Meat accounts for 10 percent of Americans food spending. Eating vegetables, grains and fruits in place of the 200 pounds of beef, chicken and fish each nonvegetarian eats annually would cut individual food bills by an average of $4,000 a year. In most homes, a traditional dinner centers around the meat of the meal, usually accompanied by a starchy side dish such as potatoes, rice or pasta. Vegetables are subjected to a supporting role, perhaps a salad or a spoonful of something green at the edge of the plate. Up your veggies on the plate; meats are typically more expensive than starches or vegetables. The smart way to go is to buy in bulk. This is one of the biggest money-saving tricks out there. Try browsing the bulk bins at your grocery store for your favorite nuts, seeds, grains, beans and dried fruit. Since they’re priced by weight, you get way more bang for your buck.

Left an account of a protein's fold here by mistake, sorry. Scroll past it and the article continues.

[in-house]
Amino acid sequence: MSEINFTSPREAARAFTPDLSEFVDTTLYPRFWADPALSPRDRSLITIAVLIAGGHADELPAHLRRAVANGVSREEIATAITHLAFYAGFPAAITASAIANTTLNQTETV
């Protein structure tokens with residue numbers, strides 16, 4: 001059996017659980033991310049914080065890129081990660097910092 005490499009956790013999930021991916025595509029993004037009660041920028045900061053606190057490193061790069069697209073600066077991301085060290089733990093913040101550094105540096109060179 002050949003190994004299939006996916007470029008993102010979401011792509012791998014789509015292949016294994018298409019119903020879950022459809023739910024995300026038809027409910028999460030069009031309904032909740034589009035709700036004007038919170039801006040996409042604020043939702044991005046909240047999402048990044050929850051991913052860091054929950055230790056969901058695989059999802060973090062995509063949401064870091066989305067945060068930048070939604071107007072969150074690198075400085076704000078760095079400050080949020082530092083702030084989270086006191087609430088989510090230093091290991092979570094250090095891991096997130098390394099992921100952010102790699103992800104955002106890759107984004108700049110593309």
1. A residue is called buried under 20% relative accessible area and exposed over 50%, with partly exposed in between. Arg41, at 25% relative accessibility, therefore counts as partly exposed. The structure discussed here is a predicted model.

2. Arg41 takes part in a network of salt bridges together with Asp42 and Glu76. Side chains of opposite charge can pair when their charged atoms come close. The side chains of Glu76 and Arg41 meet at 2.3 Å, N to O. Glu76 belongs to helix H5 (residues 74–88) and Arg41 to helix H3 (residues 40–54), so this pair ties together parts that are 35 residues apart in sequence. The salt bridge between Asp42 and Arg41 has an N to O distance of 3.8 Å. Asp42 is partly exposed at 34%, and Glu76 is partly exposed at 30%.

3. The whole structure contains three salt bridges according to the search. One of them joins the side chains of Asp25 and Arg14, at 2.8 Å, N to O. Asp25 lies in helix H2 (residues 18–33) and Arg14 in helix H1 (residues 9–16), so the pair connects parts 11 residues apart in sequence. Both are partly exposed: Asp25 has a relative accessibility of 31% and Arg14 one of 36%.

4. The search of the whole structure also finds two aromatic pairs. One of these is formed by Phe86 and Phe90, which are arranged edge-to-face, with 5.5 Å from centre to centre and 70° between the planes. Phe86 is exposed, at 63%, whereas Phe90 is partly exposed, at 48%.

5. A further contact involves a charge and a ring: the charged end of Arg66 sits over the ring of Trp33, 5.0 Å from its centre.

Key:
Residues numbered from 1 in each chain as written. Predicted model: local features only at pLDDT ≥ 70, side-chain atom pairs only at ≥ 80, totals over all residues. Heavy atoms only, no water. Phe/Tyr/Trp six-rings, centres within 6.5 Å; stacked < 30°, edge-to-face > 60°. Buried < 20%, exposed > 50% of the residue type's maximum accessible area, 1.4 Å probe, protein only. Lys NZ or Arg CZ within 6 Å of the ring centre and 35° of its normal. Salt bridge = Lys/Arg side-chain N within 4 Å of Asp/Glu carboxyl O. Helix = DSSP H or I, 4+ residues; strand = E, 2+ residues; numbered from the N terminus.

With the Holiday Season right around the corner, the time is now to start thinking and eating healthy. There are so many benefits to reducing your meat intake and there are many resources to provide you the tools and information to make a meatless transition easily. Take the time to care about your body while you are young, this way you are ahead of the game by the time your an adult with your own children to feed and nurture. Browse through the variety of Vegetarian, Vegan, and Raw Apps that are available for download. This could be a great start for meatless inspiration. Happy Eating!